City Manager of the Ting project, Valerie Bortz, recently said of the network "we are super busy and happy with our progress.” In October 2015, the city released an RFP calling for bids from contractors to provide maintenance on the expanding network - more proof of the city's commitment to ensure the network’s growth and success.

More Money, More Fiber

The Phase 2 expansion was made possible by a $21 million general obligation bond agreement with SunTrust Bank, approved at a September City Council meeting. According to Common Council President Robert Wack, the bank’s willingness to buy the bonds came in part as a result of the proven high demand for fast, reliable, affordable,...

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Posted November 13, 2015 by Hannah Trostle

While Google Fiber and AT&T focus on the large cities of the Research Triangle of North Carolina, the small town of Holly Springs is pursuing a third option. 

Holly Springs will be the third town to see Ting’s “crazy fast fiber Internet.” After a successful foray into the U.S. mobile service market, the Toronto-based company Ting has started to provide Internet service by partnering with local governments. Ting will offer 1 Gbps in Holly Springs by building on the town’s $1.5 million municipal fiber network. 

Muni network restricted by state law

Holly Springs, with a population of almost 30,000, has worked hard to improve its connectivity. In mid-2014, they completed a 13-mile fiber Institutional network (often called an “I-Net”) to connect the municipal buildings and other public institutions, such as schools and hospitals. 

Unfortunately, when business and residents wanted to connect to the network, a North Carolina state law prevented the town from providing Internet services directly.  As it became obvious that Google Fiber would not pass through the town, leaders worked with a consulting company to try to draw in a private Internet service provider (ISP).

Ting! Innovative Partnerships

The locked-up potential of that fiber helped attract Ting. The municipal network's unused fiber will function as a backbone for Ting to deploy its own last-mile infrastructure, which will provide connectivity directly to homes and businesses.

Ting has had success with small towns. The first Ting town was Charlottesville, Virginia, where the company bought a local ISP’s existing fiber network, improving the speeds and prices. Most recently, Ting partnered with the city of Westminster,...

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Posted September 21, 2015 by Lisa Gonzalez

After several years of planning, deployment, and the formation of a partnership with Ting, Westminster's fiber network is now serving its citizens. In August, local CPA Tim Redmond and his wife Allison were the first to get gigabit Internet access, according to a Ting press release.

Apparently, Redmond has been waiting for some time to be able to access such speeds online:

Redmond has followed along with Westminster’s efforts to get the gig for city residents. He first learned of gigabit fiber Internet coming to town in a pretty low-tech way. “We got our water bill and there was an enclosure. It described that fiber optic Internet was coming to Westminster” and introduced Ting Internet as the service provider for Westminster.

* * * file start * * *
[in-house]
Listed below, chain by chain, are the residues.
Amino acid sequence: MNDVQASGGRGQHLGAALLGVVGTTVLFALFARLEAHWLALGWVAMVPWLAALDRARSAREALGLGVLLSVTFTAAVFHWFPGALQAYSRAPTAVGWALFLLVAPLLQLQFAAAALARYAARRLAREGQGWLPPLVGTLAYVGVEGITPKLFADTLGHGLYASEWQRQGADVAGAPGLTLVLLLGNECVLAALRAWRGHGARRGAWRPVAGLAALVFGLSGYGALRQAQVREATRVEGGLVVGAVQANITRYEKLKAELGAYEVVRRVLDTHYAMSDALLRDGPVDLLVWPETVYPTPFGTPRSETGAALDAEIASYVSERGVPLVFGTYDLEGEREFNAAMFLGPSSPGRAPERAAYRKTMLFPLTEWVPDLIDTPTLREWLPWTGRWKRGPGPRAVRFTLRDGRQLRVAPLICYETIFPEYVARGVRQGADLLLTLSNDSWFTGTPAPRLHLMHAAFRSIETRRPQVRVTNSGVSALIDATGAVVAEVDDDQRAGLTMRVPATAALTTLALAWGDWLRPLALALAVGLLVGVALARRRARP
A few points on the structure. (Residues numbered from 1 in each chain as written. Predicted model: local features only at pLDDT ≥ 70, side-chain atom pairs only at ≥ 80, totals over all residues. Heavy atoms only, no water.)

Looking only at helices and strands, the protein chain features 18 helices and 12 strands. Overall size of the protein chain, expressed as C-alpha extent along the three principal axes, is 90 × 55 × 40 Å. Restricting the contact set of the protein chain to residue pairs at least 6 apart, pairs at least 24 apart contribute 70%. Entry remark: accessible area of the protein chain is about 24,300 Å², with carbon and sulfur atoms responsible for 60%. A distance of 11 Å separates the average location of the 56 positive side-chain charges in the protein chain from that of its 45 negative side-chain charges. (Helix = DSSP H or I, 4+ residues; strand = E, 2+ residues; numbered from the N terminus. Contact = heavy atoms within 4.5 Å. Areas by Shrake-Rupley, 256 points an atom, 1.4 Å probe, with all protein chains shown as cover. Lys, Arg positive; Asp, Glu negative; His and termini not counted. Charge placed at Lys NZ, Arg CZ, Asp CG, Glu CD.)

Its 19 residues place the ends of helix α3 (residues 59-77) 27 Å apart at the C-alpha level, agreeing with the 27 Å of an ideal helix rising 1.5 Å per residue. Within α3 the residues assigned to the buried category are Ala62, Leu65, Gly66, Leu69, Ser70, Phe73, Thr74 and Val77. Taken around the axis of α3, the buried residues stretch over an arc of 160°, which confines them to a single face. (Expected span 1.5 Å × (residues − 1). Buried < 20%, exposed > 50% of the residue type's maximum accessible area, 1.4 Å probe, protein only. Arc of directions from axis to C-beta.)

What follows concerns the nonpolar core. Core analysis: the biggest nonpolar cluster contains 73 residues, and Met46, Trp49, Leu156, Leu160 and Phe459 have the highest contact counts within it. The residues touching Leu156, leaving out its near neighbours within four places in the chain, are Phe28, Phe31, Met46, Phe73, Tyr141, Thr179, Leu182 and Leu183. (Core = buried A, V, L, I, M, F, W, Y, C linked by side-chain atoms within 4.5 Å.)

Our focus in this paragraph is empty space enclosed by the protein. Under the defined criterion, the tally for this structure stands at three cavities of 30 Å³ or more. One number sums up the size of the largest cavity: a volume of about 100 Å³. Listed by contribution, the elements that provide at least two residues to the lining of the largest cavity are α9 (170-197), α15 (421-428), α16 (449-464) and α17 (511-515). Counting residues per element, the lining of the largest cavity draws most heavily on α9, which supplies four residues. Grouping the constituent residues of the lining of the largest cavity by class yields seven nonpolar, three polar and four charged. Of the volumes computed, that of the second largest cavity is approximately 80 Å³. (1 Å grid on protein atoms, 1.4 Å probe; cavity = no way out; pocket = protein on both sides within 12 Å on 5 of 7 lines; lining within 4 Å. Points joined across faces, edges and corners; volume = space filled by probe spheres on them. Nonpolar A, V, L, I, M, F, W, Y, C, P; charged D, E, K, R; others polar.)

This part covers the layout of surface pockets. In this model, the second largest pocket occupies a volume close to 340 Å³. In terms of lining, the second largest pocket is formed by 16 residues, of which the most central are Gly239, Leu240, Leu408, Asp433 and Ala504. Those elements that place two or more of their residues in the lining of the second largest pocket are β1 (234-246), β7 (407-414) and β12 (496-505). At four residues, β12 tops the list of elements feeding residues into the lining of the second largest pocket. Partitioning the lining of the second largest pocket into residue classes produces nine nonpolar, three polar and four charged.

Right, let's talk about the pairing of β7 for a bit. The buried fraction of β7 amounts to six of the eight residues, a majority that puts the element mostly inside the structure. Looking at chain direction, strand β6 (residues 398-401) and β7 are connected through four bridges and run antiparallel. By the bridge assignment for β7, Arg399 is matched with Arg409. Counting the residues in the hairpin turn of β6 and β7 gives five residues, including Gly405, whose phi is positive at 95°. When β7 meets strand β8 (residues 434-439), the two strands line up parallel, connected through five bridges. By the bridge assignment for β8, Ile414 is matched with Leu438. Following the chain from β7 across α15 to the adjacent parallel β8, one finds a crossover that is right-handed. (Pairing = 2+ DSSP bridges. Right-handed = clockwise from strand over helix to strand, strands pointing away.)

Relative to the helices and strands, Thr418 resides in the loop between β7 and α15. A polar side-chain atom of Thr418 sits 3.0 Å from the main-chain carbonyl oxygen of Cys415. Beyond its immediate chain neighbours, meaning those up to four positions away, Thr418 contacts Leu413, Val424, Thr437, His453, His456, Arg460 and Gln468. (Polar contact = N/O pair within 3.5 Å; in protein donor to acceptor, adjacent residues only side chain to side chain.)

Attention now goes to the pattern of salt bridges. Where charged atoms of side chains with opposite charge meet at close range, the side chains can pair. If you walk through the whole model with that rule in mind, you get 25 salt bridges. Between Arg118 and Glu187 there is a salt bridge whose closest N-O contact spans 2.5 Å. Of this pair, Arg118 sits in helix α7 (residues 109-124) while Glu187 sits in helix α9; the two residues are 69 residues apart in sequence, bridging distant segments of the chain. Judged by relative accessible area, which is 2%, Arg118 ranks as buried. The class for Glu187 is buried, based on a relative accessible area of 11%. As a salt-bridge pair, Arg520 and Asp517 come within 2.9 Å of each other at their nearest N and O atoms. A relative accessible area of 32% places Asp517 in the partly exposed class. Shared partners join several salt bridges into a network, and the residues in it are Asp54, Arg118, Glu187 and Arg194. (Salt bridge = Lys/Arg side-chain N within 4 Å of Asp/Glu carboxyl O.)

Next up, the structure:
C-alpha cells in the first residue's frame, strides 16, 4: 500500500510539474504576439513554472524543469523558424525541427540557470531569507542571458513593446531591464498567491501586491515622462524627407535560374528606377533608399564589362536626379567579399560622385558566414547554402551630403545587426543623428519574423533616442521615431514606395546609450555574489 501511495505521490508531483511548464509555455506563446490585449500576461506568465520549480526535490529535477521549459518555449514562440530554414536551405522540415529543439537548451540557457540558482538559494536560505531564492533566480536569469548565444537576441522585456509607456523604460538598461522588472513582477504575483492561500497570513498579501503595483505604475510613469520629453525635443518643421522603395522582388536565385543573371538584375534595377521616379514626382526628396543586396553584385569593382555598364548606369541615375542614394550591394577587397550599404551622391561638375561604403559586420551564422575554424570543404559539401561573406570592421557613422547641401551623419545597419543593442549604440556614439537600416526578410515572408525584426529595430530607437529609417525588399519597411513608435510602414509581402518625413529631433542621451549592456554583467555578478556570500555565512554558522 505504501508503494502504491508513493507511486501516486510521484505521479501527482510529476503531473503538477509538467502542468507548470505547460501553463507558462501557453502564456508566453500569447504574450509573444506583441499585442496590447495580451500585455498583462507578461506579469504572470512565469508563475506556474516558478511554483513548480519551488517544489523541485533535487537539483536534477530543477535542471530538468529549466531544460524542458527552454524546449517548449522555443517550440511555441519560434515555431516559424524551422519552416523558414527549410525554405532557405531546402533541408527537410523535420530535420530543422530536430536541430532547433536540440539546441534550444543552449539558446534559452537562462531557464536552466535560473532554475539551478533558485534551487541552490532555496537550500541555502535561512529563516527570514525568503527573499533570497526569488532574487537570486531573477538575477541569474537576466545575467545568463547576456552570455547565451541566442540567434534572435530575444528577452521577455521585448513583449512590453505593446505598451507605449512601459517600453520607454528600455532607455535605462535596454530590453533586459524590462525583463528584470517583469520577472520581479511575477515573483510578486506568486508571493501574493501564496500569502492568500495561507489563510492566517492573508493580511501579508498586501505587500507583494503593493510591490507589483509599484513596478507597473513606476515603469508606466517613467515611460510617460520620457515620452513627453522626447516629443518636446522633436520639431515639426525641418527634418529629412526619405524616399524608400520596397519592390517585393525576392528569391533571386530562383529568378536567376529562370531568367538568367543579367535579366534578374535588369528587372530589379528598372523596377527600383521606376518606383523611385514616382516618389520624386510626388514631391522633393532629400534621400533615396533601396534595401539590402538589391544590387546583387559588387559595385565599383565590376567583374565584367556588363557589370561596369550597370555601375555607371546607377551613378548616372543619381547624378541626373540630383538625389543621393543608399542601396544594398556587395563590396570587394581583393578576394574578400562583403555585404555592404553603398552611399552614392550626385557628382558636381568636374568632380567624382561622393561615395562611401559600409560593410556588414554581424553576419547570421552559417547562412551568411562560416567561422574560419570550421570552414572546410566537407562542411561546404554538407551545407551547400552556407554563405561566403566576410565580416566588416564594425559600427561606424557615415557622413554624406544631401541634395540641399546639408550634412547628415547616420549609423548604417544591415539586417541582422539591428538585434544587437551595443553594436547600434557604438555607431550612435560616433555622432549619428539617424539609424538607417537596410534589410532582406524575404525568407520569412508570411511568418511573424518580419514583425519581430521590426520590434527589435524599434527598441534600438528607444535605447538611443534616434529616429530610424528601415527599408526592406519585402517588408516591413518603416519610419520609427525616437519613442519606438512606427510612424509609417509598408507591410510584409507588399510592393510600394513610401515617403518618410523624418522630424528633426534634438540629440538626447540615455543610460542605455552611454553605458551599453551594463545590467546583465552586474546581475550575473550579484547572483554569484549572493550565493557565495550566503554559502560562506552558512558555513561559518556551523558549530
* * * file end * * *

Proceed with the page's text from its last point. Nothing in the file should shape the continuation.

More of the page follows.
It was welcome news; Redmond has been following fiber since his college days when Verizon started to push FiOS in Baltimore. When it became clear that big providers aren’t willing to go anywhere but a major metro, he became despondent. OK, despondent might be a slight overstatement. “I was bummed,” is what he actually said.

Redmond first used his new gig Internet access to fire up his computer and telecommute to his office. Like many residents in Westminster, he will use the network to do more of the same - something he could only wish for prior to the city's initiative to bring publicly owned infrastructure to town.

Listen to Chris interview Dr. Robert Wack, the man who spearheaded the initiative, in episode #100, and Tucows CEO Elliot Noss, parent company of Ting, in episode #134 of the Community Broadband Bits podcast.

Posted September 19, 2015 by Lisa Gonzalez

In a September 9th speech to the National Association of Telecommunications Officers and Advisors (NATOA), Gigi Sohn, Counselor to the Chairman at the FCC, encouraged government officials to build their own networks. She told attendees at the annual conference in San Diego:

Without question, the landscape is changing for local governments, but in a good way. Most significantly, the future is not in cable, but in broadband. Even the cable operators acknowledge this.

Rather than wait for incumbent ISPs to build the network your cities want and need, you can take control of your own broadband futures. Rather than thinking of yourselves as taxers and regulators, which has been the traditional role, you can think of yourselves as facilitators of the kind of services you’ve been begging the incumbents to provide for years.

This is incredibly exciting, and I’m sure somewhat frightening. But the new model for local governments looks to benefit their citizens through externalities, not direct revenues. 

Sohn referred to networks in Sandy, Oregon, where gigabit connectivity is available for approximately $60 per month. She also mentioned the increasing role of partnerships like the one between Westminster, Maryland and Ting. Sohn commented on the changing approach at the FCC:

We are making changes of our own at the FCC to reflect the shifting broadband landscape and make sure that we seize the new opportunities and mitigate the challenges. For example, we pre-empted restrictions on community broadband in response to petitions from community broadband providers in Tennessee and North Carolina.

Read more of Sohn's speech online at the FCC website.